Speaking of fresh juice and pressure canning, I had the opportunity a month or so ago to check out the new dawning of the old Eugene hippie raw juice purveyors, the Genesis Juice Co-Op, which was effectively shut down after federal laws changed standards for processing juice a number of years ago. The same green folks who own Toby’s Tofu Paté bought them out, and they’re putting out environmentally sensitive, organic, fresh juices at Genesis Juice.
I got to meet Toby, of tofu fame, and Sheldon, the CEO, of Toby’s Family Foods. We watched the crew in the processing room sorting apples and checked out the pressurizer machine. It’s a sleek, efficient operation — trading off tofu/salad dressing days and juice days. Very nice people, too.I had a chance to try their products (the standard disclaimer applies, since they were free on my visit/tour) and liked them very much, though most are a bit too sweet for me as someone finds most juice too sweet. But for those with sweeter palates, they’ll be a delight!
Two items of note: (1) the fruit stays fresh and raw-tasting via a non-thermal, high-pressure pasteurization method, where the juice undergoes pressurization in a huge tank instead of being subjected to cooking to kill beasties, making a significant difference in the taste; and (2) the organic produce and HPP makes flavor variations quite apparent in different batches of the juice. I tasted one strawberry lemonade that was much tarter, for example, than the previous week’s tasting at an event. The apple juice is the closest to fresh apple cider that I’ve tasted in a commercial product, and the ginger lemonade has a nice, fresh ginger kick. Also try the Herbal Tonic, which is quite refreshing. You can get a coupon for a free bottle on their website.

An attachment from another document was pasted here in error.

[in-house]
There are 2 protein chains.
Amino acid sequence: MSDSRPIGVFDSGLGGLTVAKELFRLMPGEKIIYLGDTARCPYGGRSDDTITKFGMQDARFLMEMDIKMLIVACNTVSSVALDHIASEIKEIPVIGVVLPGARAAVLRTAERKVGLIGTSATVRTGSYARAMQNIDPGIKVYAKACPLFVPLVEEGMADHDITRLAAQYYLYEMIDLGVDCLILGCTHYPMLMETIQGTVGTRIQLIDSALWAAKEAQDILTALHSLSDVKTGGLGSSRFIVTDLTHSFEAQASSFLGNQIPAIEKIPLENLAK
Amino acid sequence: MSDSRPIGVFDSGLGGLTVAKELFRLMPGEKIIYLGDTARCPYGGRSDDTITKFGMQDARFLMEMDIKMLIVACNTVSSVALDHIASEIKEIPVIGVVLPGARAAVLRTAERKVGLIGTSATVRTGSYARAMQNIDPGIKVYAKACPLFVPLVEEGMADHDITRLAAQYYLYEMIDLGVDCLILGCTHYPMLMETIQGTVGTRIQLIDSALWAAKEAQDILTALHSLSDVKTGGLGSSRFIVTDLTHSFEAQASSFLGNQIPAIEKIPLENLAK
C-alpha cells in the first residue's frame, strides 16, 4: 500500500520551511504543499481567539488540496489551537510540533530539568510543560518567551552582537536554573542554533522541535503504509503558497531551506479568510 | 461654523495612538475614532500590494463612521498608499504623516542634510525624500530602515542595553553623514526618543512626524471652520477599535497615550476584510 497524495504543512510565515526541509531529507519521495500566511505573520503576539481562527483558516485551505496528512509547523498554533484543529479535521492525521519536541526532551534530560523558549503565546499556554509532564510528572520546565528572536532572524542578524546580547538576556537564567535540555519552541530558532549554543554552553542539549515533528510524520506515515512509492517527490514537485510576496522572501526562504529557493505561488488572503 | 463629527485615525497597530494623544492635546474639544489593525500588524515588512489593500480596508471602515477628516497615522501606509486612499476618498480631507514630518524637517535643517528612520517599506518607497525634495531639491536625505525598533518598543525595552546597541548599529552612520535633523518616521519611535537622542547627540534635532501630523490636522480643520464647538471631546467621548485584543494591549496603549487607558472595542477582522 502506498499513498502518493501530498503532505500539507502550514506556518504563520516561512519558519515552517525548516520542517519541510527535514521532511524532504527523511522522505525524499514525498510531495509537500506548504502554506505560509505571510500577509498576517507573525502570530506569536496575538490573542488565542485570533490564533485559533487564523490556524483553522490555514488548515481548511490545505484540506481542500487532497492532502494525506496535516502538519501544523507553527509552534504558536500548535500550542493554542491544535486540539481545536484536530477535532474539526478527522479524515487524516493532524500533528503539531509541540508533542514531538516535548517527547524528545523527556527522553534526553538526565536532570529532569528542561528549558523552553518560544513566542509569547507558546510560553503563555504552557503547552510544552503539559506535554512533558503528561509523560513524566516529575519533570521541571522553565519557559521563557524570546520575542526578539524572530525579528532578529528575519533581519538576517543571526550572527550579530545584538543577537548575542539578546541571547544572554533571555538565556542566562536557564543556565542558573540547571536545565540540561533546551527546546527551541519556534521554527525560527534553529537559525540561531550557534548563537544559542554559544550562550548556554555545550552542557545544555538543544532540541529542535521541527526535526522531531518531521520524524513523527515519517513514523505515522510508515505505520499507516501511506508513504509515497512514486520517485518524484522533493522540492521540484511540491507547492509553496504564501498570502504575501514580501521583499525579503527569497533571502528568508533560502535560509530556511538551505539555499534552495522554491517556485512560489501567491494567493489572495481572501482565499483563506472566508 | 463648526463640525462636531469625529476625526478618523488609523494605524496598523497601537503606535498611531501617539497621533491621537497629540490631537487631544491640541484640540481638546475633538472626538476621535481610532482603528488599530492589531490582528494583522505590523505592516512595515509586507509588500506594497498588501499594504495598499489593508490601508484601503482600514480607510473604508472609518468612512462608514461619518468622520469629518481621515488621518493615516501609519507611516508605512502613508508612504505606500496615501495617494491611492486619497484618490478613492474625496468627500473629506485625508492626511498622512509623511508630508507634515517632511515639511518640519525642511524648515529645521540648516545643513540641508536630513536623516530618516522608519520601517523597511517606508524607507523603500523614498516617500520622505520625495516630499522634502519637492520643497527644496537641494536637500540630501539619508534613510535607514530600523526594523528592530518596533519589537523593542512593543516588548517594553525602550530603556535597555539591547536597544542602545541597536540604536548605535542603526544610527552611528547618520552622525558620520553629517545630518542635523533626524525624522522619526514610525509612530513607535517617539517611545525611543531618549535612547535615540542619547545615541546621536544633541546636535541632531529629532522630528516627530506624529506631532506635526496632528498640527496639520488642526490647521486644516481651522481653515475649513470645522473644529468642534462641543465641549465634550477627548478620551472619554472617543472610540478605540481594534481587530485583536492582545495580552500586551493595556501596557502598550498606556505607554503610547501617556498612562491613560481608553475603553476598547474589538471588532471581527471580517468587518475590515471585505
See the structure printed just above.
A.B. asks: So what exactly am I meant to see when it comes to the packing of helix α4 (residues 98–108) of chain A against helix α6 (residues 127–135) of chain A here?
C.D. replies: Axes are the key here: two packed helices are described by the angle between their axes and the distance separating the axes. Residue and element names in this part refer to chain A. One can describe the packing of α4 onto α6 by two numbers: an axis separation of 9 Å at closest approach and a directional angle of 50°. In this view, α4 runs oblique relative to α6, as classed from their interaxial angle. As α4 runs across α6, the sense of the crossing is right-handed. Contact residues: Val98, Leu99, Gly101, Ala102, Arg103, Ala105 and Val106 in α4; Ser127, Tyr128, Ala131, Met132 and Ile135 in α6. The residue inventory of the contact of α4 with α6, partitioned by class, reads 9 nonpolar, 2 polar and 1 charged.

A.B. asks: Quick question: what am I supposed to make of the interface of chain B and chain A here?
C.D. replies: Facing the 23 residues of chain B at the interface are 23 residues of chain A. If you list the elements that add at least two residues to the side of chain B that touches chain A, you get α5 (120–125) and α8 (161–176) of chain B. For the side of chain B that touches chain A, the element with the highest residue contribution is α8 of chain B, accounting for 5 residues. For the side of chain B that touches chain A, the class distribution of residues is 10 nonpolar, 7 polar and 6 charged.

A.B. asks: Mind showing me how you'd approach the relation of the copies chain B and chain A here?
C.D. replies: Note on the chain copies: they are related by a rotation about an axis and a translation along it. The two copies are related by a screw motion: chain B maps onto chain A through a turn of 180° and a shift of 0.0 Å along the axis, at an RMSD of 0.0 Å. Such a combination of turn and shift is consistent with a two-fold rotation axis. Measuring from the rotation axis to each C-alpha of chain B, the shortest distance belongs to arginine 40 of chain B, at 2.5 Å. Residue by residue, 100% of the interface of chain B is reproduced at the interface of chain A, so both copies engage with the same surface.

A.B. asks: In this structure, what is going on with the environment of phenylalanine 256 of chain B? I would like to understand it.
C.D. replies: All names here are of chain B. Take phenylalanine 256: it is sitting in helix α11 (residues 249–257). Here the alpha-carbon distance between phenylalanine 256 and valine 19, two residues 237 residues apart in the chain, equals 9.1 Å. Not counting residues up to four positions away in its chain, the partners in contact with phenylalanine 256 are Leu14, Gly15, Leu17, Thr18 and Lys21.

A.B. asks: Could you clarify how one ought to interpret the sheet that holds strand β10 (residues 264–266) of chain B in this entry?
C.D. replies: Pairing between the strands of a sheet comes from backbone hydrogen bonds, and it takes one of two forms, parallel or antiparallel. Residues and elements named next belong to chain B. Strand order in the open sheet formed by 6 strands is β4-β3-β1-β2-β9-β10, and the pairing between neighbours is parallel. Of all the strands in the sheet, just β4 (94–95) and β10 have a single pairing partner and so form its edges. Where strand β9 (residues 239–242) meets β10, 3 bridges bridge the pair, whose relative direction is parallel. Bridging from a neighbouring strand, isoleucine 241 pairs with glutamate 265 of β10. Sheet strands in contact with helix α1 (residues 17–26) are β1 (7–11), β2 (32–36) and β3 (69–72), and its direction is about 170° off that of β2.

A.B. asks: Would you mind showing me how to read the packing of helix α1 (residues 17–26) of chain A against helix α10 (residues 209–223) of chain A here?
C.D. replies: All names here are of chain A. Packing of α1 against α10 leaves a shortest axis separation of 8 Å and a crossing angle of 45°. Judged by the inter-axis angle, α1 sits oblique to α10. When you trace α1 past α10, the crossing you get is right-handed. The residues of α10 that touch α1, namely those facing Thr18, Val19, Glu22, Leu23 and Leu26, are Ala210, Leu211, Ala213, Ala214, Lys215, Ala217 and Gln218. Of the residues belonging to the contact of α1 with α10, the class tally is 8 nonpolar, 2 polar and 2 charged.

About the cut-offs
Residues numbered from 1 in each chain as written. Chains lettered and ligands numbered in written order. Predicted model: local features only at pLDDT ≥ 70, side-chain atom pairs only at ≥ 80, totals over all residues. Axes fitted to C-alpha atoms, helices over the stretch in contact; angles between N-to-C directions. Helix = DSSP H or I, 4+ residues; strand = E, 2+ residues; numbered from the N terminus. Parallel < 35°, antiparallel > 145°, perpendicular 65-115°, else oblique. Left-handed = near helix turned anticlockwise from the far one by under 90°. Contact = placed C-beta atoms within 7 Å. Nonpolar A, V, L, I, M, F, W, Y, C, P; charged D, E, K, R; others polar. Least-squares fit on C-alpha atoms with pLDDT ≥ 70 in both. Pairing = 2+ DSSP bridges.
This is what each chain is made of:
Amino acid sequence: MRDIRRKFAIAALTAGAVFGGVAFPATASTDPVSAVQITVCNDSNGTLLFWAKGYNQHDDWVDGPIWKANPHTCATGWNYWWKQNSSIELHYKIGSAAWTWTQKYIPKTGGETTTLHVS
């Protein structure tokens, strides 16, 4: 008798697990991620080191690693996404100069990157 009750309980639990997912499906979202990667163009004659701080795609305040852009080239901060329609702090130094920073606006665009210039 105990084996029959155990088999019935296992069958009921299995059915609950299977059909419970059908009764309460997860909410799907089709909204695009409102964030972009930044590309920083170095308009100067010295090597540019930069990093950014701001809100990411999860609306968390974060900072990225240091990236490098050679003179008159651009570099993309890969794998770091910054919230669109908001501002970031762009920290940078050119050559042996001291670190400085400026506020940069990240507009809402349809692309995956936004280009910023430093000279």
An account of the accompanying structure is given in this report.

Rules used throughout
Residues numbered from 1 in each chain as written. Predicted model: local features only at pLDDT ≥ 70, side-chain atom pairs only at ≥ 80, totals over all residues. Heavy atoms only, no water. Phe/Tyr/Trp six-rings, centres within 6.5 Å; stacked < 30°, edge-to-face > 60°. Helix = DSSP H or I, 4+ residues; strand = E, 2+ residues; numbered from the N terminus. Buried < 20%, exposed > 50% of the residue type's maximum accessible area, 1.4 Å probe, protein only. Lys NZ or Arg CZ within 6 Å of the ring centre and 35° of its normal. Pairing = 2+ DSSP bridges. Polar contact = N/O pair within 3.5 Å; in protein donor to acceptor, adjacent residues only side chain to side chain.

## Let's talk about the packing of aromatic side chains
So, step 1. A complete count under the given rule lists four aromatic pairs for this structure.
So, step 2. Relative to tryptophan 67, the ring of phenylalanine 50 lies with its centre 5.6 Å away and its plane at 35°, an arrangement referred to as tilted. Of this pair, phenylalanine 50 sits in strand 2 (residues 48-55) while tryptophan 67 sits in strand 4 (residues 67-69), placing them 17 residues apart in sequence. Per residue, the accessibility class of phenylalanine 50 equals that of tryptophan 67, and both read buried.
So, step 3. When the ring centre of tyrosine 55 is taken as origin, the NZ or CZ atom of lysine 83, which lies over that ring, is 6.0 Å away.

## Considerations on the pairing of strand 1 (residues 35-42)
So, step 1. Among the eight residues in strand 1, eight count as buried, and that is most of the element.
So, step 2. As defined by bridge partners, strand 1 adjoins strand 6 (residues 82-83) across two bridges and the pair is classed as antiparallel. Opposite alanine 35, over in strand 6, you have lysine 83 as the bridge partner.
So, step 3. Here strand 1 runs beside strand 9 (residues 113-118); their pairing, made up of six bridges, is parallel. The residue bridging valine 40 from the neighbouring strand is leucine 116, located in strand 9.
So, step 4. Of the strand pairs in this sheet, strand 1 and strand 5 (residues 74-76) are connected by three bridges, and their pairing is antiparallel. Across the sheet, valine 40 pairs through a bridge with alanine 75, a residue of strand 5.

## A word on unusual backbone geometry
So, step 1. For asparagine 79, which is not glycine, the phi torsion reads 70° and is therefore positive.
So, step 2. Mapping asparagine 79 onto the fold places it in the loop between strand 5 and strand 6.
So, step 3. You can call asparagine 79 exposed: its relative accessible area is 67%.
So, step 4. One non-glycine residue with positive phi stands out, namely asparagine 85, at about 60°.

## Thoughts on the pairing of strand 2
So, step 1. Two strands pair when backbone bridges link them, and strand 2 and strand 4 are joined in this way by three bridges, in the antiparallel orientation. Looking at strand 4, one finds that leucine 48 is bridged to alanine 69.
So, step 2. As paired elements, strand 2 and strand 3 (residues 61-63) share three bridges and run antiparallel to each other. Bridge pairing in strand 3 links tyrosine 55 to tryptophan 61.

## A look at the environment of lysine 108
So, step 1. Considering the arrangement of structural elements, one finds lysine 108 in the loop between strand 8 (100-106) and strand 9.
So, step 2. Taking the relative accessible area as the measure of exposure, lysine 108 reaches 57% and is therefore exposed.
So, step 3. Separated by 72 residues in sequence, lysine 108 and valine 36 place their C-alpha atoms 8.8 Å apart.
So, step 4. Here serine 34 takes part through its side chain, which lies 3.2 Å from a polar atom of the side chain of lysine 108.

Gyro Cart [and We Hope Tunisian Food Before Too Long]
Excellent cucumber salad with a tiny dice, mint, and olives nestle up alongside a lamb-beef gyro at this improbably located new food cart, 4 Gyros. You’ll be greeted by a poster of a smiling woman urging you to eat GYROS and by an incredibly sweet guy: Tunisian-American and former UO Arabic instructor Mohamed Jemmali. Right now, the cart’s at 6th and Chambers, but I can’t imagine he’ll stay there long (like, hmm, maybe a week?). Food is quite good and a welcome addition to the food cart and local dining scene. Give him your business.
But how can we convince Mohamed to make Tunisian couscous and stews? I asked; he said it would be too hard in the cart. I say nonsense — sounds like a campaign to me! Let him know we can handle more authentic Middle Eastern food in Eugene, and it’s up to him to do it. Once a week? Once a month? Please!
Late Lamented Tim’s Dill Pickle Chips Back in Town
And I don’t know for how long, since the internet has failed to even confirm the product exists. But I ate almost an entire bag, so I can assure you they do (did). This is the only shelf product I’ve written to a manufacturer about after being dumped for low sales, begging for its return. They’re like salt and vinegar chips, but with dill. At Capella’s Market now. Don’t wait.
Tom Cruise, Move Over
And I have to end this with a neighborhood delight, Josh Chamberlain from J-Tea literally shaking his moneymaker.
He’s been serving up Taiwanese-style frothed iced oolong this summer. I sampled one this spring, and it’s very fun to watch. As soon as it actually TURNS summer, I can’t wait to have him shake me another tall, frothy cool one.